WORDPRESS has proved an excellent host; but the Canvey Beat has now outgrown its facilities.
The stats helper monkeys at WordPress.com mulled over how this blog did in 2010, and here’s a high level summary of its overall blog health:
The Blog-Health-o-Meter™ reads Wow.
About 3 million people visit the Taj Mahal every year. This blog was viewed about 37,000 times in 2010. If it were the Taj Mahal, it would take about 5 days for that many people to see it.
In 2010, there were 360 new posts, growing the total archive of this blog to 920 posts. There were 103 pictures uploaded, taking up a total of 24mb. That’s about 2 pictures per week.
The busiest day of the year was May 7th with 691 views. The most popular post that day was Bye, Bye, Bob – Hello, Rebecca.
Where did they come from?
The top referring sites in 2010 were en.wordpress.com, en.wikipedia.org, facebook.com, search.bt.com, and warelane.wordpress.com.
Some visitors came searching, mostly for canvey beat, the canvey beat, terry smith armed robbery, canveybeat, and 1923turk.
Attractions in 2010
These are the posts and pages that got the most views in 2010.
Bye, Bye, Bob – Hello, Rebecca May 2010
About April 2009
CIIP Site Hacked By 1923Turk Grup March 2010
Canvey Island Votes For Independence May 2010
Castle Point Or Passport To Pimlico? March 2010
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NO SMILING FACES accompanied the Chancellor’s battered despatch case on its last outing to the commons, yesterday. Its contents were nothing to smile about.
Thirteen years of the last Labour government’s spending binge had left the UK with a structural deficit in which its debt would still be rising in 2014/15 to 74.4 per cent of GDP – and with annual debt interest payments set to reach £67 billion in that year.
The situation, George Osborne explained, was unsustainable.
Faced with the need to raise enough additional revenue to pay-down Britain’s record debt, the coalition government had no alternative but to raise VAT from its current level of 17.5 per cent to 20 percent from 4th January 2011; but the tax would not be extended to include currently exempt items like fresh food and children’s clothes. But the Chancellor acknowledged that the regressive tax hits the poorest in society most, and that he had modified other parts of the taxation system to mitigate this effect.
There is to be a £1,000 increase in the personal allowance – and there will be no increase in alcohol, tobacco, or petrol duty. Moreover, by reducing the level of the basic rate limit and the National Insurance Upper Earnings/Profit Limit to keep it aligned with the income tax higher rate threshold, the Chancellor ensured that higher rate tax payers would not benefit from the measure.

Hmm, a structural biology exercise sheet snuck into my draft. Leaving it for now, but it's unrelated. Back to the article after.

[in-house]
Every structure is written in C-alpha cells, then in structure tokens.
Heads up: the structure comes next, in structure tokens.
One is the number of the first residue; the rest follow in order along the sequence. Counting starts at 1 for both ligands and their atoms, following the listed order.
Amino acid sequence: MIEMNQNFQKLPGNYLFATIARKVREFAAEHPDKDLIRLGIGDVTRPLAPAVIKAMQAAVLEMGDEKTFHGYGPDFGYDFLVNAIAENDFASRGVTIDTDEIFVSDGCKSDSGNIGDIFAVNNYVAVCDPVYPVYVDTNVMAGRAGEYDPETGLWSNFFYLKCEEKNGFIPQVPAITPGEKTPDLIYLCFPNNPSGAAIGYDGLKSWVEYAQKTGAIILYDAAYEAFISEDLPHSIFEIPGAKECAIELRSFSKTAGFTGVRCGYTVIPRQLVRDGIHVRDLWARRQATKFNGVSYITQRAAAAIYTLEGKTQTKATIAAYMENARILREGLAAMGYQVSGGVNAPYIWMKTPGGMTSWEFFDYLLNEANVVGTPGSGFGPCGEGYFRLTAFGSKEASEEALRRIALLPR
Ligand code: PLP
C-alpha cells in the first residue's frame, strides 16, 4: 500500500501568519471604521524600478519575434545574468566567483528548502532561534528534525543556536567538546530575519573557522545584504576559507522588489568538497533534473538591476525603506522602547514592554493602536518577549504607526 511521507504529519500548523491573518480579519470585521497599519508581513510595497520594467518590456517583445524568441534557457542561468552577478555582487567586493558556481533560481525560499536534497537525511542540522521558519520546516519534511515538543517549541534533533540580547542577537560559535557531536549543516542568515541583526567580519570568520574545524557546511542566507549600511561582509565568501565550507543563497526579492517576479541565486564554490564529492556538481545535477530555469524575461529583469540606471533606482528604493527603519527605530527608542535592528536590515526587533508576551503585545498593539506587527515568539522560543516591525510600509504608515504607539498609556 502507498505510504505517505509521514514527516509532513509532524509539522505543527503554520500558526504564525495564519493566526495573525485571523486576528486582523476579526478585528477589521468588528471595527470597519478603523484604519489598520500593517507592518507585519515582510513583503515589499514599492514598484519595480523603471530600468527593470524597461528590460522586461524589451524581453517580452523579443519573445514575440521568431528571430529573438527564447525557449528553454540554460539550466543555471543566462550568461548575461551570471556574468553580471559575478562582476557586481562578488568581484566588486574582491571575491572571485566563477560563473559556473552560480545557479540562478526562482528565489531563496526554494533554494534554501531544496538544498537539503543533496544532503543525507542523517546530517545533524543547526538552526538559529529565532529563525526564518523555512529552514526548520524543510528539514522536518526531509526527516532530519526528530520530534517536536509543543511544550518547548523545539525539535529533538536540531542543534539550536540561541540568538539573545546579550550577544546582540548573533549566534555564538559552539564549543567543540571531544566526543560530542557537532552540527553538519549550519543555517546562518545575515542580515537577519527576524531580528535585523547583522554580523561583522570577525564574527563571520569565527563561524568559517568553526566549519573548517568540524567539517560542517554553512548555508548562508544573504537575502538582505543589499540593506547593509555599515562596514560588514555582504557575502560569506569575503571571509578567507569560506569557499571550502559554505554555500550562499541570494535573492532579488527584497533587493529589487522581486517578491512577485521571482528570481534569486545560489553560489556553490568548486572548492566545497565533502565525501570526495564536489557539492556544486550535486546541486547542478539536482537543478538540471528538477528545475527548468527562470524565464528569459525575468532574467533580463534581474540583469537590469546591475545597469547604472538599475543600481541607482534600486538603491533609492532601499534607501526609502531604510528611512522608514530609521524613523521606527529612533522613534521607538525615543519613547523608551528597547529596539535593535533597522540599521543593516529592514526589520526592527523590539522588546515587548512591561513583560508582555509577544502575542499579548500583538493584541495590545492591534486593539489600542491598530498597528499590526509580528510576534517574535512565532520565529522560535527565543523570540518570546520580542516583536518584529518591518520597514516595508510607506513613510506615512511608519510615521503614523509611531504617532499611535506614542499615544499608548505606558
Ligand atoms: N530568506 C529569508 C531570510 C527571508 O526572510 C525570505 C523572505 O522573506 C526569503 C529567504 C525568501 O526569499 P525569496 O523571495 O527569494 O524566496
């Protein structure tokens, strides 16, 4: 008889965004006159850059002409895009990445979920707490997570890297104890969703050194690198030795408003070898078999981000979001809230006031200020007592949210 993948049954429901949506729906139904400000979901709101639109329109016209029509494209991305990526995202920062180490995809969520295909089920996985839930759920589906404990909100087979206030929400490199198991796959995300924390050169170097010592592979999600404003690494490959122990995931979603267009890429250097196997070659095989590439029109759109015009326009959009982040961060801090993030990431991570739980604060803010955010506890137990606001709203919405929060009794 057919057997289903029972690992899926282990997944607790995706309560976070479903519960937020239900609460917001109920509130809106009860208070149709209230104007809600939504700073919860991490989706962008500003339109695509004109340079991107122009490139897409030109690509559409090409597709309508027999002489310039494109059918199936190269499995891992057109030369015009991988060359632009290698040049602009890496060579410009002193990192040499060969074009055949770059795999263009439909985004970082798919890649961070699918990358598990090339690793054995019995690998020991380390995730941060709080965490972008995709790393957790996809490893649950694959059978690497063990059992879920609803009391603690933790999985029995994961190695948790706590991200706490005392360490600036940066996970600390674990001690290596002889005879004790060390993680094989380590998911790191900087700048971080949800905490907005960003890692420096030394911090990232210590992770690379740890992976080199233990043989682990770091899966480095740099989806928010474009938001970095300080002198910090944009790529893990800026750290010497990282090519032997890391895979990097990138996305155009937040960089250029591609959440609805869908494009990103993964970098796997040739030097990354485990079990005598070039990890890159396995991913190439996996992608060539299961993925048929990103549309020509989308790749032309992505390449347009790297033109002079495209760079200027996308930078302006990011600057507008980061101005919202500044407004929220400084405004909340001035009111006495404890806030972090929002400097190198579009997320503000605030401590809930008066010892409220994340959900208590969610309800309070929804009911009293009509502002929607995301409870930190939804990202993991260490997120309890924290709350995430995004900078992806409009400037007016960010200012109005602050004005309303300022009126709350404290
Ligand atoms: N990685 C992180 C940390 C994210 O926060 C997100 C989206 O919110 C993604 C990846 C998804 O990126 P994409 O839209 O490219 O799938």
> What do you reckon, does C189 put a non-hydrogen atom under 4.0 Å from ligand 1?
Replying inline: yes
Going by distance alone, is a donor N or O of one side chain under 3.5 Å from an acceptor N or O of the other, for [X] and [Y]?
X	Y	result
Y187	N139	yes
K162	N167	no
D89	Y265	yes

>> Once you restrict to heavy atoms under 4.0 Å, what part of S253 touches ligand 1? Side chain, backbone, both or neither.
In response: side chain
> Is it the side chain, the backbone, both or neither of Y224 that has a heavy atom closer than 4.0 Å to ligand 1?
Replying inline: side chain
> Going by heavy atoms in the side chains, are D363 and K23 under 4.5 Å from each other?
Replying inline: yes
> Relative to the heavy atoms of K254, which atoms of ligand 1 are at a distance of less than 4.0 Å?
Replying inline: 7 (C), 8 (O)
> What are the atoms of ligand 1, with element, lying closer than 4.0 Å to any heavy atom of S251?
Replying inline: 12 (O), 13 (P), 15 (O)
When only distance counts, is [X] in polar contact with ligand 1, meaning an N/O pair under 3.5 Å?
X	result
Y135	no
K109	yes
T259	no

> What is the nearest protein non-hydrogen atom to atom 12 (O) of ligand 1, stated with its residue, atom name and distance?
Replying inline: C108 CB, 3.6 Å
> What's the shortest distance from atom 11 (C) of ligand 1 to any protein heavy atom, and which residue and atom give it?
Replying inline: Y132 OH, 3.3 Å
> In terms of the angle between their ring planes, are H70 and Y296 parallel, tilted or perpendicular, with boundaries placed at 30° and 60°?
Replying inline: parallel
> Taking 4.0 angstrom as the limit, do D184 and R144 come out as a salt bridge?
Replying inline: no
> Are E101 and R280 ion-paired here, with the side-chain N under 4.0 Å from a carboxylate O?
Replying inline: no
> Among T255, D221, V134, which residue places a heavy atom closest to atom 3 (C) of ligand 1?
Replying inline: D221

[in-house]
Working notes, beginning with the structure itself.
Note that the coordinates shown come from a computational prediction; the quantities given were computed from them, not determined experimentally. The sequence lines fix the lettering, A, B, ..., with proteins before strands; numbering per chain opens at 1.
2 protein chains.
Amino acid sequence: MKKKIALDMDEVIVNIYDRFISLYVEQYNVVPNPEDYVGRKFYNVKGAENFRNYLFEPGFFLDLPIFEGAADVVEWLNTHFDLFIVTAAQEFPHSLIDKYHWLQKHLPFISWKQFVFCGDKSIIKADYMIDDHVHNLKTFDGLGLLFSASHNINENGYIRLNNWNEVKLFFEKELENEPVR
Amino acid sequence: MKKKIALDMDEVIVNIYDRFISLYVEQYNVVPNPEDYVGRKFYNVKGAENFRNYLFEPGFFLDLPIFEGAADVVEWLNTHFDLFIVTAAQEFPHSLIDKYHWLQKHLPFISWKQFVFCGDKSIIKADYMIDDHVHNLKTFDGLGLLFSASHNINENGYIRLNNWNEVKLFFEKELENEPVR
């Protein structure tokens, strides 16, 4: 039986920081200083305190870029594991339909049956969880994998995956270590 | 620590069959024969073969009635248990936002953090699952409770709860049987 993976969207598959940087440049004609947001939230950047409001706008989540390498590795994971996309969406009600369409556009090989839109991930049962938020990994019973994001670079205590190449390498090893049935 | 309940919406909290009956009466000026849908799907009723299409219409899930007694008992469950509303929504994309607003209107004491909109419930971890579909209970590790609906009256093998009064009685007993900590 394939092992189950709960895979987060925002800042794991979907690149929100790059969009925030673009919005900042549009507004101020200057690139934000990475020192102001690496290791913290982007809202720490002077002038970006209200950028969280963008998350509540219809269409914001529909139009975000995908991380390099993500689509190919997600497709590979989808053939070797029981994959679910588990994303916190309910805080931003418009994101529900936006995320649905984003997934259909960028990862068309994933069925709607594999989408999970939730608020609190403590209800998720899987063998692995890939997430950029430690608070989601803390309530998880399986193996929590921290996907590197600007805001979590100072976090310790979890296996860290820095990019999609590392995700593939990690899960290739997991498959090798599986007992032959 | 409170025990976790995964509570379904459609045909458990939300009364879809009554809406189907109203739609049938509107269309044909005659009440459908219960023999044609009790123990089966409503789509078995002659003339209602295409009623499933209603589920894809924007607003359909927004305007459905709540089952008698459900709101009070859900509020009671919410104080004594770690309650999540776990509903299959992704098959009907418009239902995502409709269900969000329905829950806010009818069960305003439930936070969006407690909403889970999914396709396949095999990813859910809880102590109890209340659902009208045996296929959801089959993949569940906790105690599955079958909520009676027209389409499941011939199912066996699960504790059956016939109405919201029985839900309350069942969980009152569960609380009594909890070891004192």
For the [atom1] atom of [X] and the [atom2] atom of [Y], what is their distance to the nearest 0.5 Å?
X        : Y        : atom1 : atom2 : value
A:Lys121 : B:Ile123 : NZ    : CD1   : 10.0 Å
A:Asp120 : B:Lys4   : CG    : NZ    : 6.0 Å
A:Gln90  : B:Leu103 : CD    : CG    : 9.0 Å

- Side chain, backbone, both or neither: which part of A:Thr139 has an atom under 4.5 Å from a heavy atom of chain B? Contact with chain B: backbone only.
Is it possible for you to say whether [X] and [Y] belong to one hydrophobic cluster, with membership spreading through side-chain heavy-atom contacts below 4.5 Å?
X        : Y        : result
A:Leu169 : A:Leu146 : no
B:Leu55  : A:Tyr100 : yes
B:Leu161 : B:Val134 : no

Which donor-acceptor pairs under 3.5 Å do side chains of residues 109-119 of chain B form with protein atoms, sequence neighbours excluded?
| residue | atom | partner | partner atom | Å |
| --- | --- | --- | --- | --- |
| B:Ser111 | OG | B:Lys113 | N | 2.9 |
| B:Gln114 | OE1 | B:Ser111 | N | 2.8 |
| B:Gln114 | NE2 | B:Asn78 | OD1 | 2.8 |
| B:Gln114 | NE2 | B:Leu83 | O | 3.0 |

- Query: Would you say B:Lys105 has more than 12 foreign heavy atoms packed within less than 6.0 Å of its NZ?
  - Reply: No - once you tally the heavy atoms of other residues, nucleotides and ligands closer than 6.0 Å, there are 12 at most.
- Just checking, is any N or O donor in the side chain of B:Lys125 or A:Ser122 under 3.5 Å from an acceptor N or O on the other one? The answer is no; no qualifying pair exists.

From 23 June 2010, capital gains tax will rise from 18 to 28 per cent for those with total income and taxable gains above the higher rate threshold; and the 10 per cent capital gains tax rate for entrepreneurial business activities will be extended from the first £2 million to the first £5 million of qualifying gains made over a lifetime. It was also confirmed that the annual exempt amount for capital gains tax will continue to rise in line with inflation and will remain at £10,100 for 2010-11.
To reign-in the country’s deficit, Osborne proposed to raise around 20 per cent of the additional funds needed through taxation – and 80 per cent through cuts in public expenditure; but the vast majority of the latter’s detail will not be announced until Autumn’s budget, which will see the majority of departments trying to cope with 25 per cent cuts.
As predicted, changes to the benefits system were announced to ensure that those whom are able to are encouraged to find work. Housing benefit would, at long last, be capped (at £280 per week for a single bedroom flat to £400 per week for a four-bedroom or larger property) and time-limited for claimants who can be expected to look for work. Housing Benefit for working age claimants in the social rented sector, who are occupying a larger property than their household size warrants, is also to be restricted.
Support for Mortgage Interest will be paid at the level of the Bank of England’s
published Average Mortgage Rate from October 2010.
Disability Living Allowance will be subject to objective medical assessments from 2013/14 and Child Allowance will be frozen for the next three years. In addition, tax credit eligibility for families with a household income above £40,000 will be reduced from April 2011 and further changes will be made to the threshold in 2012/13 to focus tax credits on lower income families. The Government also announced that it will increase the rate at which tax credits are withdrawn once household incomes rise.